Demons of the Skies
Reflections on the Interfaith Conference on Drone Warfare, Princeton Theological Seminary
by Joshua Carson
I had the great privilege of attending the Interfaith Conference on Drone Warfare at Princeton Theological Seminary on January 24, 2015. Sponsored by the Peace Action Education Fund of the Coalition for Peace Action, the conference brought together people of various faiths to learn and dialogue about drone warfare.
Perhaps the most significant part of the conference for me was the talk from Rev. Isaac Villegas, pastor of Chapel Hill Mennonite Fellowship in Chapel Hill, NC. You can find the video of his presentation below. Reflecting on the pacifist position on drone warfare, Villegas described drones as demons. Literal demons. He didn’t say that they were like demons or that they were the personification of demons, but that they were literal demons.
As I listened, Villegas’ suggestion began to make a lot of sense to me. Historically, spirits have been thought of as physical beings. In Ephesians 2:2 the apostle Paul refers to Satan as “the ruler of the kingdom of the air.” Drones can cause psychological and physical torment for people who live in the regions where these “spirits of the air” patrol. The very names of these drones and their weapons are demonic. The two most common drone models go by the names of Predator and Reaper. Once these demons select their target, they fire on them with missiles called Hellfire.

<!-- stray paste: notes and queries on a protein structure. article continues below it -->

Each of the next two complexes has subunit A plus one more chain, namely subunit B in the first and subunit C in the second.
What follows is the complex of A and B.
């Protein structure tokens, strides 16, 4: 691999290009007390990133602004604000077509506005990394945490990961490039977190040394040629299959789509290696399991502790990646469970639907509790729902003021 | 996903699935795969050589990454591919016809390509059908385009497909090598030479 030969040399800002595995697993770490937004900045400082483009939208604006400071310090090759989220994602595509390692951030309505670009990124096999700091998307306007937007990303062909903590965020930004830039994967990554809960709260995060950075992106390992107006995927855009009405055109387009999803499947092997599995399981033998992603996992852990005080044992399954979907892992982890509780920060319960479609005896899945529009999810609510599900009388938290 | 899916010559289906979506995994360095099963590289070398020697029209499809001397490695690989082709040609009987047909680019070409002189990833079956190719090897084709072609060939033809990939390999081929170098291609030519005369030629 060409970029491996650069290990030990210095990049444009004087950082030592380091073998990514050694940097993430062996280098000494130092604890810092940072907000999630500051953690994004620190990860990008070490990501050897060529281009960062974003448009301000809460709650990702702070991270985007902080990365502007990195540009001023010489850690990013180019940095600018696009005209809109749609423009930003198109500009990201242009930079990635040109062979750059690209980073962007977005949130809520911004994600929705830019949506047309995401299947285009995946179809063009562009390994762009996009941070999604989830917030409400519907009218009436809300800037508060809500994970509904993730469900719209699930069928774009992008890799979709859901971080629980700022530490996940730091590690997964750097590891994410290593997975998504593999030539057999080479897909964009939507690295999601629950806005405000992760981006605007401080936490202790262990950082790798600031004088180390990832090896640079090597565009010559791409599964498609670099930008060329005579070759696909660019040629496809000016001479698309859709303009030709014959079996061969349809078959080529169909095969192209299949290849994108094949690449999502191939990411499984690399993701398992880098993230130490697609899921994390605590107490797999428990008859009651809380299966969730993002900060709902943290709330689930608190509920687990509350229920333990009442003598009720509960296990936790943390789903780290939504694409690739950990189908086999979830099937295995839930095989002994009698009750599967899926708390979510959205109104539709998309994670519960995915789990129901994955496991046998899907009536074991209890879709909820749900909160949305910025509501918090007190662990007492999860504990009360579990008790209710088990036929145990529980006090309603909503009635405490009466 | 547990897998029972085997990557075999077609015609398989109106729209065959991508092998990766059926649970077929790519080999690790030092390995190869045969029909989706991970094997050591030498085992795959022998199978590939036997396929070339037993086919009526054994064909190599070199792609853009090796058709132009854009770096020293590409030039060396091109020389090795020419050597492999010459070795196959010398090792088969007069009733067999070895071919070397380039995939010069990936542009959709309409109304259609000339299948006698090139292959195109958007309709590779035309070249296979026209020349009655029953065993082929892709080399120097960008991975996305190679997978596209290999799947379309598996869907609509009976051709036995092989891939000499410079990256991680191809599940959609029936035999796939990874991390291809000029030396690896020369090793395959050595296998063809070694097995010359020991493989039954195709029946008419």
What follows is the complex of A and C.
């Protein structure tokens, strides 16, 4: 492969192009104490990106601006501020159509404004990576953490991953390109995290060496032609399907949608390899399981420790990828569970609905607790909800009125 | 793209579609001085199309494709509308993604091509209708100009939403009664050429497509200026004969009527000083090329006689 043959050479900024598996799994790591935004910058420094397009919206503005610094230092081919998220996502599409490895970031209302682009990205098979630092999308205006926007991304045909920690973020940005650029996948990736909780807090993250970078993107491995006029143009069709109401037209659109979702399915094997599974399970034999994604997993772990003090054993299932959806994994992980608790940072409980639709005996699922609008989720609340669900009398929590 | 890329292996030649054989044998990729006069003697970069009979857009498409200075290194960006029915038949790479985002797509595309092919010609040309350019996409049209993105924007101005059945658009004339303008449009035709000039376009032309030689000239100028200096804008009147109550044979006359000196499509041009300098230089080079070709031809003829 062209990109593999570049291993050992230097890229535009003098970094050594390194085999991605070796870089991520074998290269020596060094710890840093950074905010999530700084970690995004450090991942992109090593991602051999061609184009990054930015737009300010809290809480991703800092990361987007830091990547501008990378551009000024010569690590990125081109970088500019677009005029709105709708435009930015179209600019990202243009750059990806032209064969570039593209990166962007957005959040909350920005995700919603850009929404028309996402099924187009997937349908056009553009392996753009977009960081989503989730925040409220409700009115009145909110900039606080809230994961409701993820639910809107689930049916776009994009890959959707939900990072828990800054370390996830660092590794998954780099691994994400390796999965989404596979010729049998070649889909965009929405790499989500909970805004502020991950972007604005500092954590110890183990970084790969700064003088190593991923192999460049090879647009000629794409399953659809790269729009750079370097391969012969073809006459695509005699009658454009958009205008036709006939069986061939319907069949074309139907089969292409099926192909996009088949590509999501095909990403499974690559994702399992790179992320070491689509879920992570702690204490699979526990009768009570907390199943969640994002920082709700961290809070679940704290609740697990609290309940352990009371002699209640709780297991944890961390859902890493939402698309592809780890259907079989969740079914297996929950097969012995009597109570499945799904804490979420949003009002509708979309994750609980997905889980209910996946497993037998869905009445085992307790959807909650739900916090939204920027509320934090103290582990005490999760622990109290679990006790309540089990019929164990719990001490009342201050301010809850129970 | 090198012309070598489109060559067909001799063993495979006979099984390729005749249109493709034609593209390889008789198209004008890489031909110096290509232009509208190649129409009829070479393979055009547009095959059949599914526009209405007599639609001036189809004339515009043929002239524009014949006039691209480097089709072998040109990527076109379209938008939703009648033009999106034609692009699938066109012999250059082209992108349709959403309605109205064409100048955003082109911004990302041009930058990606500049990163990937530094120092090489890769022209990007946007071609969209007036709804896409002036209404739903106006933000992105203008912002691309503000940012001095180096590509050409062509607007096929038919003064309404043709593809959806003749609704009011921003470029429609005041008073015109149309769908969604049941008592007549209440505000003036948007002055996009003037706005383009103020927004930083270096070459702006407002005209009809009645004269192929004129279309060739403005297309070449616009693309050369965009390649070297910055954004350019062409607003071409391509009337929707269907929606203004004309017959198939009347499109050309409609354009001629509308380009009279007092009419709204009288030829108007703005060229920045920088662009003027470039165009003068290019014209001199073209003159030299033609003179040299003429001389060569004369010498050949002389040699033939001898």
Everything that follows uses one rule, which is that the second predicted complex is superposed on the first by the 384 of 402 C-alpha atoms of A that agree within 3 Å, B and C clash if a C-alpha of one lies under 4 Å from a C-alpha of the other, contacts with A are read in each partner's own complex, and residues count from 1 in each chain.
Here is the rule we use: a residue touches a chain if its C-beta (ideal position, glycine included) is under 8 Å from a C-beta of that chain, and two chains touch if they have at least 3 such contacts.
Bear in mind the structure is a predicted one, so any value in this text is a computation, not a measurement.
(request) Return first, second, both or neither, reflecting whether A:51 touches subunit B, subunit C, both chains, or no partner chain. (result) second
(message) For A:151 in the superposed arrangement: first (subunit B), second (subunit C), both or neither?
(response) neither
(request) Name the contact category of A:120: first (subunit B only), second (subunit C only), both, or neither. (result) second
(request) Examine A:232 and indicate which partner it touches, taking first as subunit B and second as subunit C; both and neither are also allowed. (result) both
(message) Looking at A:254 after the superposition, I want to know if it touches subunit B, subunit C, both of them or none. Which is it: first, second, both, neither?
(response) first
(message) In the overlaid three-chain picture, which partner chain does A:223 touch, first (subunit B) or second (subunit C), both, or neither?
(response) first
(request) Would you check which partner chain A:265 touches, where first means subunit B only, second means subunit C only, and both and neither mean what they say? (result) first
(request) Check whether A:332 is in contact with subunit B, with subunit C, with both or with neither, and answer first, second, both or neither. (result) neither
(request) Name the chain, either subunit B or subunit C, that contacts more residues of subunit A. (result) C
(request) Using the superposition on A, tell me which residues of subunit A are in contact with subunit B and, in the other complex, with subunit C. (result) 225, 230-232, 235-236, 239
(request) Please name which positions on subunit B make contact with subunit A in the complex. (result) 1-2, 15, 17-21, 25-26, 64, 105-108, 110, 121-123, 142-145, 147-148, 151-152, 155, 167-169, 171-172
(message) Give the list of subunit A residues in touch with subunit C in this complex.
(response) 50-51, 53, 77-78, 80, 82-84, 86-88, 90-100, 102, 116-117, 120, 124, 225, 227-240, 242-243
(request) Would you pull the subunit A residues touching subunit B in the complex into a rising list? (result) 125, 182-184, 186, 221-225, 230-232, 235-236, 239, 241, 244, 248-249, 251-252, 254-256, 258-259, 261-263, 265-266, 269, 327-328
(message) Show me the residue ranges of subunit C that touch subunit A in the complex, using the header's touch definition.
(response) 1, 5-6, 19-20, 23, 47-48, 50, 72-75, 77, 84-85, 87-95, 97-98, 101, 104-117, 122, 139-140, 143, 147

While the majority of the speakers at the conference approached the discussion of drones from a legal, ethical, or theological perspective, Villegas’ spiritual description of drones as demons was profound.
After spending the weekend in dialogue and hearing several lectures, the conference came up with a list of policy recommendations, including a call for greater transparency regarding past and ongoing drone strikes, acknowledging past strikes and their victims, and compensating victims. The conference also urged Congress to repeal the 2001 Authorization for the Use of Military Force, which has been used to justify the use of armed drones across the world.
The conference schedule, an excerpt of the policy recommendations, and manuscripts and videos of the various speakers at the conference, including Rev. Villegas, are available at the Coalition for Peace Action.
Rev. Villegas is introduced at 41:15 in the video below.
Josh Carson (Eastern University, ’13) is Pastor of Student Ministries at First Baptist Church of Bethlehem, PA, and is a Sider Scholar & Ayres Scholar with ESA while working on his M.Div. at Palmer Theological Seminary of Eastern University.